Censorship resistance is fundamental to any functioning cryptocurrency or blockchain project. It’s been a pillar of crypto from the start, one of the biggest reasons the whole movement got started. What it means is this: As long as a participant in the Bitcoin or whatever network follows the predetermined technical criteria to construct a valid transaction, then nobody – not the cops, not your nosy neighbor – should be able to prevent that.
So there’s zero surprise that Sam Bankman-Fried (the crypto billionaire known as SBF) kicked up controversy when the FTX founder and CEO published an article last week on crypto regulation. He talked about implementing blocklists – aka a roster of wallet addresses banned from interacting with a blockchain because they’re suspected of being used for nefarious purposes – and, relatedly, respecting the U.S. Office of Foreign Assets Control’s (OFAC) sanctions lists by maintaining “an on-chain list of the sanctioned addresses … maintained by either OFAC or by a responsible actor.”
Here’s the problem. Removing censorship resistance defeats the entire purpose and value proposition of cryptocurrency. Cryptocurrency is supposed to be about banking the unbanked, about granting open access to financial tools, about empowering otherwise unempowered people. There’s nothing valuable in remaking the same financial system – which caused these problems in the first place – with a new, fancy crypto wrapper that openly welcomes censorship just because it is new and fancy.
Yet, even as SBF talks about how things should go down the line, censorship resistance is already being undermined. Just look at the news on Ethereum, where, following the Merge, more than half of blocks in one 24-hour period recently were processed in accord with OFAC compliance recommendations.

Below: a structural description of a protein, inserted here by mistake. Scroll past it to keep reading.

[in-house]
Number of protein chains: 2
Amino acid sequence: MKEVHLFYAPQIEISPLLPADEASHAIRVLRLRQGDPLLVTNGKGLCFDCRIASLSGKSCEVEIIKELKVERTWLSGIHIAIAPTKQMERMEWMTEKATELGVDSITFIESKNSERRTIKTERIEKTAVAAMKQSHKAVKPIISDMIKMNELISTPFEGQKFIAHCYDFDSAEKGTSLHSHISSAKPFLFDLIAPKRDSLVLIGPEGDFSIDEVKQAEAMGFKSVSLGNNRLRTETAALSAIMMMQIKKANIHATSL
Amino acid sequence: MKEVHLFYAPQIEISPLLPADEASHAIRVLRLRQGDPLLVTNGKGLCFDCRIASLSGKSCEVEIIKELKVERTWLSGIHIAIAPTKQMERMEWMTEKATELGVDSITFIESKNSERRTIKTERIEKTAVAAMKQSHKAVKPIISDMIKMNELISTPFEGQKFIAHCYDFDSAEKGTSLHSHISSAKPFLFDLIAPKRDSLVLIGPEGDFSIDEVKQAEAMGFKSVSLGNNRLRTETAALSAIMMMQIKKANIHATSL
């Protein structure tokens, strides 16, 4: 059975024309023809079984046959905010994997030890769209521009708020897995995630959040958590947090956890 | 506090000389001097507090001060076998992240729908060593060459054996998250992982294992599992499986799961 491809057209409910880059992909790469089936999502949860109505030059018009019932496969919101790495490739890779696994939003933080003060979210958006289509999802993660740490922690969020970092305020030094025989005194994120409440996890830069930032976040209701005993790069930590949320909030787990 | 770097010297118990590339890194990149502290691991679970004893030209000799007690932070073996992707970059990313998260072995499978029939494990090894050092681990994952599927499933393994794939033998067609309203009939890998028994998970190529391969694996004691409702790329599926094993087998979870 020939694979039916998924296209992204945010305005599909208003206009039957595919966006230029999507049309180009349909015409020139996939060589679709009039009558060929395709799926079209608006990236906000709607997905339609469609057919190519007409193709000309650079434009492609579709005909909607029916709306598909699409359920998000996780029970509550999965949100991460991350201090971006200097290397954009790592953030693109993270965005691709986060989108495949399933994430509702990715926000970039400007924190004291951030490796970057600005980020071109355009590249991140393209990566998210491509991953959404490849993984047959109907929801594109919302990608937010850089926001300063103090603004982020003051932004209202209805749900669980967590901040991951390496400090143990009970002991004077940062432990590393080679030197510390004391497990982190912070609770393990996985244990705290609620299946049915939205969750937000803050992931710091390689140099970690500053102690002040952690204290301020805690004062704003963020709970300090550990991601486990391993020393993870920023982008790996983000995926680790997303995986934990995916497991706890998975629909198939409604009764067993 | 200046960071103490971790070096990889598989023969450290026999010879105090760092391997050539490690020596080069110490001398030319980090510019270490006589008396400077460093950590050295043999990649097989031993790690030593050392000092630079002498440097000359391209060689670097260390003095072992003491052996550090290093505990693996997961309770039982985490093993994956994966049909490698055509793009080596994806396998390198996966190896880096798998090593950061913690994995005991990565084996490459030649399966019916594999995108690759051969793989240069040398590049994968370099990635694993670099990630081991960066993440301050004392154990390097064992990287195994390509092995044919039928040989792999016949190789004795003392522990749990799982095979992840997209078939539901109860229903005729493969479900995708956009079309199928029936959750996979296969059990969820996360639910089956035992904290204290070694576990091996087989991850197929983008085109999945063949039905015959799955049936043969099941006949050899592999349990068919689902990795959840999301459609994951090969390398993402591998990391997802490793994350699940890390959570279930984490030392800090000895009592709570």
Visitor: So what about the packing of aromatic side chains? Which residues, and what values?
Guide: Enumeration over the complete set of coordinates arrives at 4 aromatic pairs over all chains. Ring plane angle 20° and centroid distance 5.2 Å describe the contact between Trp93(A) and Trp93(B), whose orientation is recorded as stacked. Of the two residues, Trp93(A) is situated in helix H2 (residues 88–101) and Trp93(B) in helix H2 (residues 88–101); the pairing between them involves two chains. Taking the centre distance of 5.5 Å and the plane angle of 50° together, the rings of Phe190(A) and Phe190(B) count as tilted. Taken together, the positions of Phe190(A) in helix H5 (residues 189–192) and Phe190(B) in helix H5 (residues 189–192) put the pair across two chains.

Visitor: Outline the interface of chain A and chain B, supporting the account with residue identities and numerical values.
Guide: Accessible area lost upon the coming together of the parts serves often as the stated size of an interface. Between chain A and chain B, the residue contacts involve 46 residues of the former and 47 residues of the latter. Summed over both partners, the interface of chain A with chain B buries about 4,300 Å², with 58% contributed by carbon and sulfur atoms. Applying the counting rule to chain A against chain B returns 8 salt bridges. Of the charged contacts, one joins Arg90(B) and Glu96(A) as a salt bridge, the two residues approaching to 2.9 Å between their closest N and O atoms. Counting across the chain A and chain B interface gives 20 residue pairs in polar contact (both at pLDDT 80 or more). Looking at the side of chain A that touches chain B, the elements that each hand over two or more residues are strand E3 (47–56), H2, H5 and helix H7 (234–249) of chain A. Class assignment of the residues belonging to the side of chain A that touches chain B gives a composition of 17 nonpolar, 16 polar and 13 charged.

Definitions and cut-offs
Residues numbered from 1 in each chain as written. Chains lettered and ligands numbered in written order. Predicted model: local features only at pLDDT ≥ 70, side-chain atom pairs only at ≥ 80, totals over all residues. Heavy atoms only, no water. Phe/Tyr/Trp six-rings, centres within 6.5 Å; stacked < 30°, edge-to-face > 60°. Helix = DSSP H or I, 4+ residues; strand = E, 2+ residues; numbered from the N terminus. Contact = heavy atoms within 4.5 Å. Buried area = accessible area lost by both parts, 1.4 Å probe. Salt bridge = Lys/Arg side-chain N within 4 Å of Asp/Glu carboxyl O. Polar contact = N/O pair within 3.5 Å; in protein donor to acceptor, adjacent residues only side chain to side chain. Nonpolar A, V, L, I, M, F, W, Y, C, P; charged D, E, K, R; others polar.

While there’s no shortage of cynics who claim that cryptocurrency is a giant Ponzi scheme, we’ve seen enough anecdotal and empirical evidence to support the idea that Bitcoin is actually valuable and useful. But I believe one of the main reasons Bitcoin is only valuable and useful is because it’s censorship resistant.
To SBF’s credit he does include an important hedge to his proposal, writing that “all of commerce breaks down if you require a[n] allowlist to transact.” This is completely true. Imagine having to prove who you were to buy anything at all.
He also added a reasonable-sounding point that I think a lot of people would agree with. He writes that “maintaining the presumptive freedom of peer to peer transfers and decentralized blockchains (unless there is specific evidence of a scam, illicit finance, etc.) is absolutely necessary.” (Emphasis added)
A lot of people would agree with this statement because on the surface all this means is that good people should be allowed to transact freely and bad people should not. The problem is that aside from the obvious examples of badness (like, say, cold-blooded murder or something), the definitions of good and bad shift depend on who is making the rules.
All that is to say the thing that remains when you remove censorship resistance from crypto is hardly something to get excited about. For lack of a better way to write it, I’ll defer to a tweet by Bennett Tomlin from Protos and the “Crypto Critics’ Corner” podcast, who summed up this viewpoint succinctly writing: “If crypto lacks censorship-resistance then it is just gambling and schemes.”
I think this is exactly correct and an accurate characterization of crypto without censorship resistance. While there still might be money to be made in the casino-like, rug pull-filled fringes of the cryptocurrency world, I find it unlikely that investors would be excited to line up to champion that value proposition.
Crypto means absolutely nothing without censorship resistance.
Oh … and don’t forget about privacy
But, of course, we should take this at least one step further. Censorship resistance without privacy also doesn’t really matter. And that has been an issue with transparent networks like Bitcoin (which is very critically not anonymous; Bitcoin maintains a public ledger of transactions complete with identifying addresses and balances. It is quite literally the opposite of anonymous, especially if you are new to using the network).
This is something we saw in February 2022 when Canadian truckers protested a vaccine mandate. While the protestors were able to receive funds via Bitcoin, Ethereum and other networks, the transparency of these blockchains made it practically impossible for the protestors to withdraw that money for fear of the Canadian government freezing or suspending their bank accounts.
So, sure, it’s true that someone can send me bitcoin (BTC) even though the government doesn’t want me to receive it. That’s because the Bitcoin network is censorship resistant. But if the government can trace the transaction and see that the bitcoin came from you to me, then it could do something about the fact that I did receive funds from you outside of the Bitcoin network.
We need censorship resistance and we need privacy.